Jason: And we had all this data but we felt okay about that morally because we were the good guys and we were doing everything in our power to really stop something really bad from happening to our employer. So that was my first thought process and everything was going great over the first few months and we were dealing with real incidents, like this wasn't a made up problem. We were definitely responding to real attacks that were happening in the organization. But there was an instance where something happened and it really completely changed my perspective on what does it mean to be a good guy who has access to all this data.
Jason: So one evening we got pain because we saw an alert in our network monitoring tool that indicated some person in India was zipping up all these files, encrypting them, and then sending them over to this shady looking FTP site. This is like a prime indicator, like it's the emo of the Chinese ABT for how they operate. They kind of stage everything on one device. They encrypt it and they zip it up. They usually use WinRAR or something like that. And then they send it over to FTP site with just basic credentials.
Corey: So this is a red alert situation?
Jason: Red alert situation. Now what was interesting, this is the first time that we actually caught it in progress so we can actually see the transfer happening, we couldn't see what was in it, but it fit all the criteria. So we were really excited. We called up our boss, who called up their boss and it really all the way went up to the top of the food chain because what we wanted to do is we wanted permission to be able to hack back and actually stop, not only stop the transfer but actually take the credentials of the FTP server, which we could see go into that FTP server and then delete everything that they had actually successfully exfiltrated.
Jason: That was a really big deal and we needed special permission to do that, which we got. So everything went according to plan. We were able to stop the transmission. We went on the FTP server and we deleted everything and man we were so excited. We were like slapping each other on the back, high fiving, like this was a huge, huge milestone for us as a computer instant response team. And then days later we realized we hadn't stopped anything at all. We had actually done something really, really bad. We actually didn't detect a real exfiltration event. And what ended up happening is we somehow misidentified some contractor that worked for GE, who was just simply backing up and transferring their family photos to their personal FTP server.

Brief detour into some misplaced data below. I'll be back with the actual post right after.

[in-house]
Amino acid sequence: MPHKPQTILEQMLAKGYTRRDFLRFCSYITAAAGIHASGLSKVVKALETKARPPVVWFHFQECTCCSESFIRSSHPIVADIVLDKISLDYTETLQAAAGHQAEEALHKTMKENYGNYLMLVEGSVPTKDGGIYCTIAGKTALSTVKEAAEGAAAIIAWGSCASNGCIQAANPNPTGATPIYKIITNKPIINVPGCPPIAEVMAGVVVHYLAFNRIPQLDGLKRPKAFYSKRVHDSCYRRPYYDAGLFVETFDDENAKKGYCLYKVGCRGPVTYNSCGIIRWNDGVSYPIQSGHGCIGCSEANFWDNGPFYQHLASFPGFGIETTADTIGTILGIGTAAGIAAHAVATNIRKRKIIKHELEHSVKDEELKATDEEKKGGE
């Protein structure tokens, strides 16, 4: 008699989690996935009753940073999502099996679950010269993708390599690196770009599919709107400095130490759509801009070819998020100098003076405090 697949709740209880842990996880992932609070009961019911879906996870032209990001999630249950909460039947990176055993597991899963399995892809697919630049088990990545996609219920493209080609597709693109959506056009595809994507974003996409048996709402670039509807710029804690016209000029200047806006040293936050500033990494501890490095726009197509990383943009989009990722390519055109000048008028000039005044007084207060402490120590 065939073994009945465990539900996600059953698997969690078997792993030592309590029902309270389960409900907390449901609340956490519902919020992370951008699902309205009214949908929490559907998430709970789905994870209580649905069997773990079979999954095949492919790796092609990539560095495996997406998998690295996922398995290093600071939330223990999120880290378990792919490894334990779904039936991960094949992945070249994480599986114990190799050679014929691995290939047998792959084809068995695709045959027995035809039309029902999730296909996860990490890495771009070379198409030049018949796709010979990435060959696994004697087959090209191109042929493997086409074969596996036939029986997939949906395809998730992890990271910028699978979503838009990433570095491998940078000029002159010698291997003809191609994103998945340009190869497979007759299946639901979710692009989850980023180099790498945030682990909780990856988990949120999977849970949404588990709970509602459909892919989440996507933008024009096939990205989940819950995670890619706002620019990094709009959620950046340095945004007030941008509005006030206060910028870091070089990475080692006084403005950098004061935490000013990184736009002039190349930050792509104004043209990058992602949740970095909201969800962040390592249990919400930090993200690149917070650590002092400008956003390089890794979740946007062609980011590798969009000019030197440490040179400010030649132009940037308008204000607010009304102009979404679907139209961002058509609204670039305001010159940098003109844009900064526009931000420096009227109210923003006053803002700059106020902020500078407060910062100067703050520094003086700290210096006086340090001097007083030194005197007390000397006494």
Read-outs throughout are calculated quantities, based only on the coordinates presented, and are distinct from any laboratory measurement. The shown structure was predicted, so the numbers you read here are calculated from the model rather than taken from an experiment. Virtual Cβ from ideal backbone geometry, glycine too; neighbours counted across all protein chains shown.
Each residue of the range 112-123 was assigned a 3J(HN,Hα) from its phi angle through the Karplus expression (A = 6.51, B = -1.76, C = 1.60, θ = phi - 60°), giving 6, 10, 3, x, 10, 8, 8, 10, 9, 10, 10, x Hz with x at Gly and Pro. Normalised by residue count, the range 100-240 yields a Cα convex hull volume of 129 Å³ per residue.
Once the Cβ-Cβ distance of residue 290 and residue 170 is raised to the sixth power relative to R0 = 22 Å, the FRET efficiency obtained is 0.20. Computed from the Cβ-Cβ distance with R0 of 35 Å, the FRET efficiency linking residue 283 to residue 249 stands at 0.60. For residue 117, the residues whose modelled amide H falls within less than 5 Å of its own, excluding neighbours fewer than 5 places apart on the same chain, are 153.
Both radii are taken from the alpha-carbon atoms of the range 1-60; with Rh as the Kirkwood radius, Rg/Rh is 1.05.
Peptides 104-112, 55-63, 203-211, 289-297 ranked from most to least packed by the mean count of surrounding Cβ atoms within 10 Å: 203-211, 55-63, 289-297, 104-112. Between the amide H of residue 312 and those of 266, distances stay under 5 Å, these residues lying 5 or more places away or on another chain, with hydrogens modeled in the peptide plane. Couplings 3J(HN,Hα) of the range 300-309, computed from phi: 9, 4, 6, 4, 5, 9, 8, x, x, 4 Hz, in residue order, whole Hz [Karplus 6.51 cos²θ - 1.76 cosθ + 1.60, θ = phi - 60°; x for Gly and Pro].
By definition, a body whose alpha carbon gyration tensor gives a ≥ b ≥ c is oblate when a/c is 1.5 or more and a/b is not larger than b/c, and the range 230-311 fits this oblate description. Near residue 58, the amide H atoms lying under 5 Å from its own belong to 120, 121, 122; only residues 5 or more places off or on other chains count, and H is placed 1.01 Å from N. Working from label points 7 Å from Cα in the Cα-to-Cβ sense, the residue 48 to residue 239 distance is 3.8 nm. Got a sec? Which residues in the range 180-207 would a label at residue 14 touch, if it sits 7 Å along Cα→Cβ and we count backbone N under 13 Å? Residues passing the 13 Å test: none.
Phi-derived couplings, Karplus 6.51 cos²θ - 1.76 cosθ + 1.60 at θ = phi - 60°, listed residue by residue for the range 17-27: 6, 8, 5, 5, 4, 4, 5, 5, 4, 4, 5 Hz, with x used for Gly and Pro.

Jason: So we ended up basically annihilating their backups, and then on top of that, there was obviously an investigation that went on afterwards because we wanted to identify what really happened. We had stopped the activity, but we wanted to write the whole incident report, really understand how the data got there. And in the course of doing this, of course we identified who the employee was and everything and we were like, "Oh, this was clearly a mistake." But I guess the wheels of justice at GE were already turning and I believe that employee ended up getting terminated because they were doing something they really shouldn't have been doing.
Jason: And that really left a really bad taste in my mouth because here was someone where, sure, they were doing some personal thing at work, but like don't we all do that stuff a little bit anyway? And they ended up getting fired for it because we overreacted to something that we were like 95% sure with the activity that we were looking for and we were supposed to be the good guys and we ended up, in my opinion, kind of causing a lot of harm to that person. And that's totally changed my perspective on this sort of good guy, bad guy mentality. And even with the best of intentions you may end up actually causing more harm than you intend to.
Corey: So how did that lead you to start a new kind of cyber security company?